Air-to-air missile 'Astra' test-fired
India's indigenously developed, beyond visual range air-to-air missile 'Astra' was today successfully test-fired from the integrated test range at Chandipur in Orissa.Updated: Sep 13, 2008 13:24 IST
India's indigenously developed, beyond visual range (BVR) air-to-air missile 'Astra' was today successfully test-fired from the integrated test range (ITR) at Chandipur in Orissa.
The missile was test-fired from a launcher in the launch pad number 2 of the ITR complex at about 1205 hours. After data analysis of the flight test, another test may be conducted in the next couple of days if needed, defence sources said.
"Before being made full operational, the complex missile system would undergo some more trials, though test on its navigation, control, air frame, propulsion and other sub-system have been validated," said a source from the Defence Research Development Organisation (DRDO) at ITR.
The single stage, solid fuelled 'Astra' missile "is more advanced in its category than the contemporary BVR missiles and it is capable of engaging and destroying highly manoeuvrable supersonic aerial targets," the source added.
Describing 'Astra' as futuristic missile, DRDO scientists said the weapon could intercept the target at supersonic speeds (mach 1.2 to 1.4).
Though the exact range of Saturday's trial has not been disclosed, scientists are working to ensure that 'Astra' performs effectively at different altitudes - one cruising at an altitude of 15 km with 90 to 110 km range, another at an altitude up to 30,000 ft, having a range of 44 km and the third at sea level altitude with a range of 30 km.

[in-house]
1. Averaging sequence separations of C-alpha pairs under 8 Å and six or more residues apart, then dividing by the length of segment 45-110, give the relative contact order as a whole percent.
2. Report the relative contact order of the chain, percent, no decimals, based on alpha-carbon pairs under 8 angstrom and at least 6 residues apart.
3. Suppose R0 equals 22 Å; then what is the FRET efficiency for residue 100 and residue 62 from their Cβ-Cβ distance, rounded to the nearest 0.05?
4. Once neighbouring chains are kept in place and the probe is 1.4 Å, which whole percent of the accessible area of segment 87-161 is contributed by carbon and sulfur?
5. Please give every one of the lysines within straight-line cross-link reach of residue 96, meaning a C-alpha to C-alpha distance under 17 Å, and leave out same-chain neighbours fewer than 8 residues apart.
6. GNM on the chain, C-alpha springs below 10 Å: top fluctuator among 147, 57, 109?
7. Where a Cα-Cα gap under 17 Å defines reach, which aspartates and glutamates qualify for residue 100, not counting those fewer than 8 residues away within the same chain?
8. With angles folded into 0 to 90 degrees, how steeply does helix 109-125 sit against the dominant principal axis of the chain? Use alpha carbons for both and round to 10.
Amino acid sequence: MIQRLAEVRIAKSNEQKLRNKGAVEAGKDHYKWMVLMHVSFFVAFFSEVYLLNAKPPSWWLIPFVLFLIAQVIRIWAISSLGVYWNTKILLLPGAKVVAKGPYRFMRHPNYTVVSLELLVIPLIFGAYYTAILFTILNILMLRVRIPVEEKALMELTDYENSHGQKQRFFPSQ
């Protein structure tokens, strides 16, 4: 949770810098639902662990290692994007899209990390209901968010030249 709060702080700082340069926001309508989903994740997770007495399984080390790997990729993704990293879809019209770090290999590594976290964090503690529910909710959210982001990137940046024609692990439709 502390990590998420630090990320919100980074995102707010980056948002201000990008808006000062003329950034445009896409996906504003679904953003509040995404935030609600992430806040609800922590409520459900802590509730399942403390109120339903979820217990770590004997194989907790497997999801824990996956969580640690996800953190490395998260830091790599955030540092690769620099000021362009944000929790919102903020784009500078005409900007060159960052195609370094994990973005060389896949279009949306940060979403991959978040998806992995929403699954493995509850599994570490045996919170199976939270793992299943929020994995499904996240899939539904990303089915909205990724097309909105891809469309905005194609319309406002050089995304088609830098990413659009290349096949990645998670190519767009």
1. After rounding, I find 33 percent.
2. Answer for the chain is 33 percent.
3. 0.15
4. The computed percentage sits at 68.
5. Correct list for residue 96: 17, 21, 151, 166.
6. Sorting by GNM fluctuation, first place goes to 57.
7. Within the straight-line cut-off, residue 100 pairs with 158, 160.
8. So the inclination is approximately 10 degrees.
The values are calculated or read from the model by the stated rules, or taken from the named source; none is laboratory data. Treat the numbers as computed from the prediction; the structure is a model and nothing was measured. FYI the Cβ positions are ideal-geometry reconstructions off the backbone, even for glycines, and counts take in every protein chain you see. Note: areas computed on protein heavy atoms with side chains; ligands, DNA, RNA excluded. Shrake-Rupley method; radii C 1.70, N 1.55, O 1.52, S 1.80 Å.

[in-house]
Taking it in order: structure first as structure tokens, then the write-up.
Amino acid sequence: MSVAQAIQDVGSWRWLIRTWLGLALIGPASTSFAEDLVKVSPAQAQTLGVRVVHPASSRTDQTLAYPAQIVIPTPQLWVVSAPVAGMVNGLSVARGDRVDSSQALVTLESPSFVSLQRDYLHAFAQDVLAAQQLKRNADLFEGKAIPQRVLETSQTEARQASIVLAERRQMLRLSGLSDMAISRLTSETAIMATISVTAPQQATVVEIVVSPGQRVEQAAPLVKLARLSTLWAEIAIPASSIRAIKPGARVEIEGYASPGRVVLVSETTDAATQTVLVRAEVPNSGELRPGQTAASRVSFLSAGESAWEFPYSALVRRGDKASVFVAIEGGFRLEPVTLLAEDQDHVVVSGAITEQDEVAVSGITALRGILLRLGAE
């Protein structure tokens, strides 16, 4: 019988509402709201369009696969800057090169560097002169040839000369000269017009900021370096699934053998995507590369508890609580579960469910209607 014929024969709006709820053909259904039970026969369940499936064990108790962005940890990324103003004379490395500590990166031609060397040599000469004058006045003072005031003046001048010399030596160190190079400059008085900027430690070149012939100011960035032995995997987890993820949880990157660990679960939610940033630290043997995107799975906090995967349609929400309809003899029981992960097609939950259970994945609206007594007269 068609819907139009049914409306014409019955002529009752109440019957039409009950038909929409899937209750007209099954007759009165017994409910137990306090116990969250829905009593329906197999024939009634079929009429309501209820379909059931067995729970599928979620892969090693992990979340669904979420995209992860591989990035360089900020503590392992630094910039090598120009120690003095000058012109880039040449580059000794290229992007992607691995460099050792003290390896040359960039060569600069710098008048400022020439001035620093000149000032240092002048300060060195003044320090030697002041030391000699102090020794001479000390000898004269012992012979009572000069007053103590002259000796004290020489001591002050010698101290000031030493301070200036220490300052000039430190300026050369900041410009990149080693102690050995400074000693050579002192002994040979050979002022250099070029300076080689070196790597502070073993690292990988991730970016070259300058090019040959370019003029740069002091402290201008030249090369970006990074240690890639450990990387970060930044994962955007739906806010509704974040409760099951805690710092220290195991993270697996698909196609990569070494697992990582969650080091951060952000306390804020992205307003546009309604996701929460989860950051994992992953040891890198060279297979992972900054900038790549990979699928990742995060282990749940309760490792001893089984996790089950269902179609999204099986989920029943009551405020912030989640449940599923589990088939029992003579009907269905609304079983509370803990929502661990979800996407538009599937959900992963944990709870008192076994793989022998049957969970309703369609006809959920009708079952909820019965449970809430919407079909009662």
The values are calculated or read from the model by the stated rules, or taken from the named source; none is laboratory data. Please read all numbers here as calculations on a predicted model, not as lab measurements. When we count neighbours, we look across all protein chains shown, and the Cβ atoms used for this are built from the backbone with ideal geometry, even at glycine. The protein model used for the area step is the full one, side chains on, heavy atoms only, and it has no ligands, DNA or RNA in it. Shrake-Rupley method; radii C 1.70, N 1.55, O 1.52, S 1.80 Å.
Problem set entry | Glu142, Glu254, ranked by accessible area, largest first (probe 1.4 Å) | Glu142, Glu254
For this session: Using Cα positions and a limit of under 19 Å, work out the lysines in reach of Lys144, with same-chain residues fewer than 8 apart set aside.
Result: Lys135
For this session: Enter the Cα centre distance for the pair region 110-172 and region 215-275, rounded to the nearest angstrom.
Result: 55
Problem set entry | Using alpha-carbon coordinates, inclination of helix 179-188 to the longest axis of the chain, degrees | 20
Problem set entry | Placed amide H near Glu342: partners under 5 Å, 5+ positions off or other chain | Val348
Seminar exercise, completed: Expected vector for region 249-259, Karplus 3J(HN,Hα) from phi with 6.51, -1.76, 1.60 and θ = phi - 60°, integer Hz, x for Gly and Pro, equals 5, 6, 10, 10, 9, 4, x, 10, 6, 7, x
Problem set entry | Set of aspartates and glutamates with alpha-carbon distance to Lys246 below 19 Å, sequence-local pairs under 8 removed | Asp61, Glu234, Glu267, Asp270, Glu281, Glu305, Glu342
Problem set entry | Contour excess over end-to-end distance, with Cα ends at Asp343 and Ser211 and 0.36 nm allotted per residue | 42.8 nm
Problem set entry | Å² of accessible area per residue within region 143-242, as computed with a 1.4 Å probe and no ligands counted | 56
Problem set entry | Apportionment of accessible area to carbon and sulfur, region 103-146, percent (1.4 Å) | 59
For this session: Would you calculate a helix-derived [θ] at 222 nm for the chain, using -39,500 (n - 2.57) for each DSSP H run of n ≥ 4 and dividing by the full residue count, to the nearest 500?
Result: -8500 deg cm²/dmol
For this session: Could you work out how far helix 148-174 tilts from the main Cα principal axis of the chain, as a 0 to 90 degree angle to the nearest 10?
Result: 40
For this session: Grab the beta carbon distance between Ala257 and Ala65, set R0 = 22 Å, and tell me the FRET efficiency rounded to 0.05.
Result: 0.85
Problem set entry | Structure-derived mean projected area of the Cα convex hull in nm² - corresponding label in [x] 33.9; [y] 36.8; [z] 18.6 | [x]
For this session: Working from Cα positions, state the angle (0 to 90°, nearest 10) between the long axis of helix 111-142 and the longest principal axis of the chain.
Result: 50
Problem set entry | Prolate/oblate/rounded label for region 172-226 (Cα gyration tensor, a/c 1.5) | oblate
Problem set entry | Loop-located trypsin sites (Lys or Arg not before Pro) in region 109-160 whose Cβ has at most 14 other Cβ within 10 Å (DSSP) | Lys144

The last two experimental flight tests of 'Astra' were conducted from the ITR launch complex at Chandipur on March 25 and 26 last year to study the ballistic performance and control of the missile at a low altitude and shorter range, the sources said.
The missile is 3.6 meters long, 7 inches in diameter and has launch weight of about 154 kg, thus it is the smallest weapon of the DRDO's guided missile development programme in terms of size and weight. It is capable of carrying 15 kg war head.
Initially planned to arm Jaguar, MIG-29 and indigenous light combat aircraft, Tejas, DRDO officials are now concentrating that after user's trial, the sleek missile would be integrated with Indian Air Force's front line fighter aircraft like Sukhoi-30 MKIs and Mirage-2000.
'Aastra' missile project is guided and led by the Hyderabad-based Defence Research and Development Laboratory (DRDL) under the DRDO. The prototype of the missile was first tested between May 9 and 12, 2003 from the ITR at Chandipur.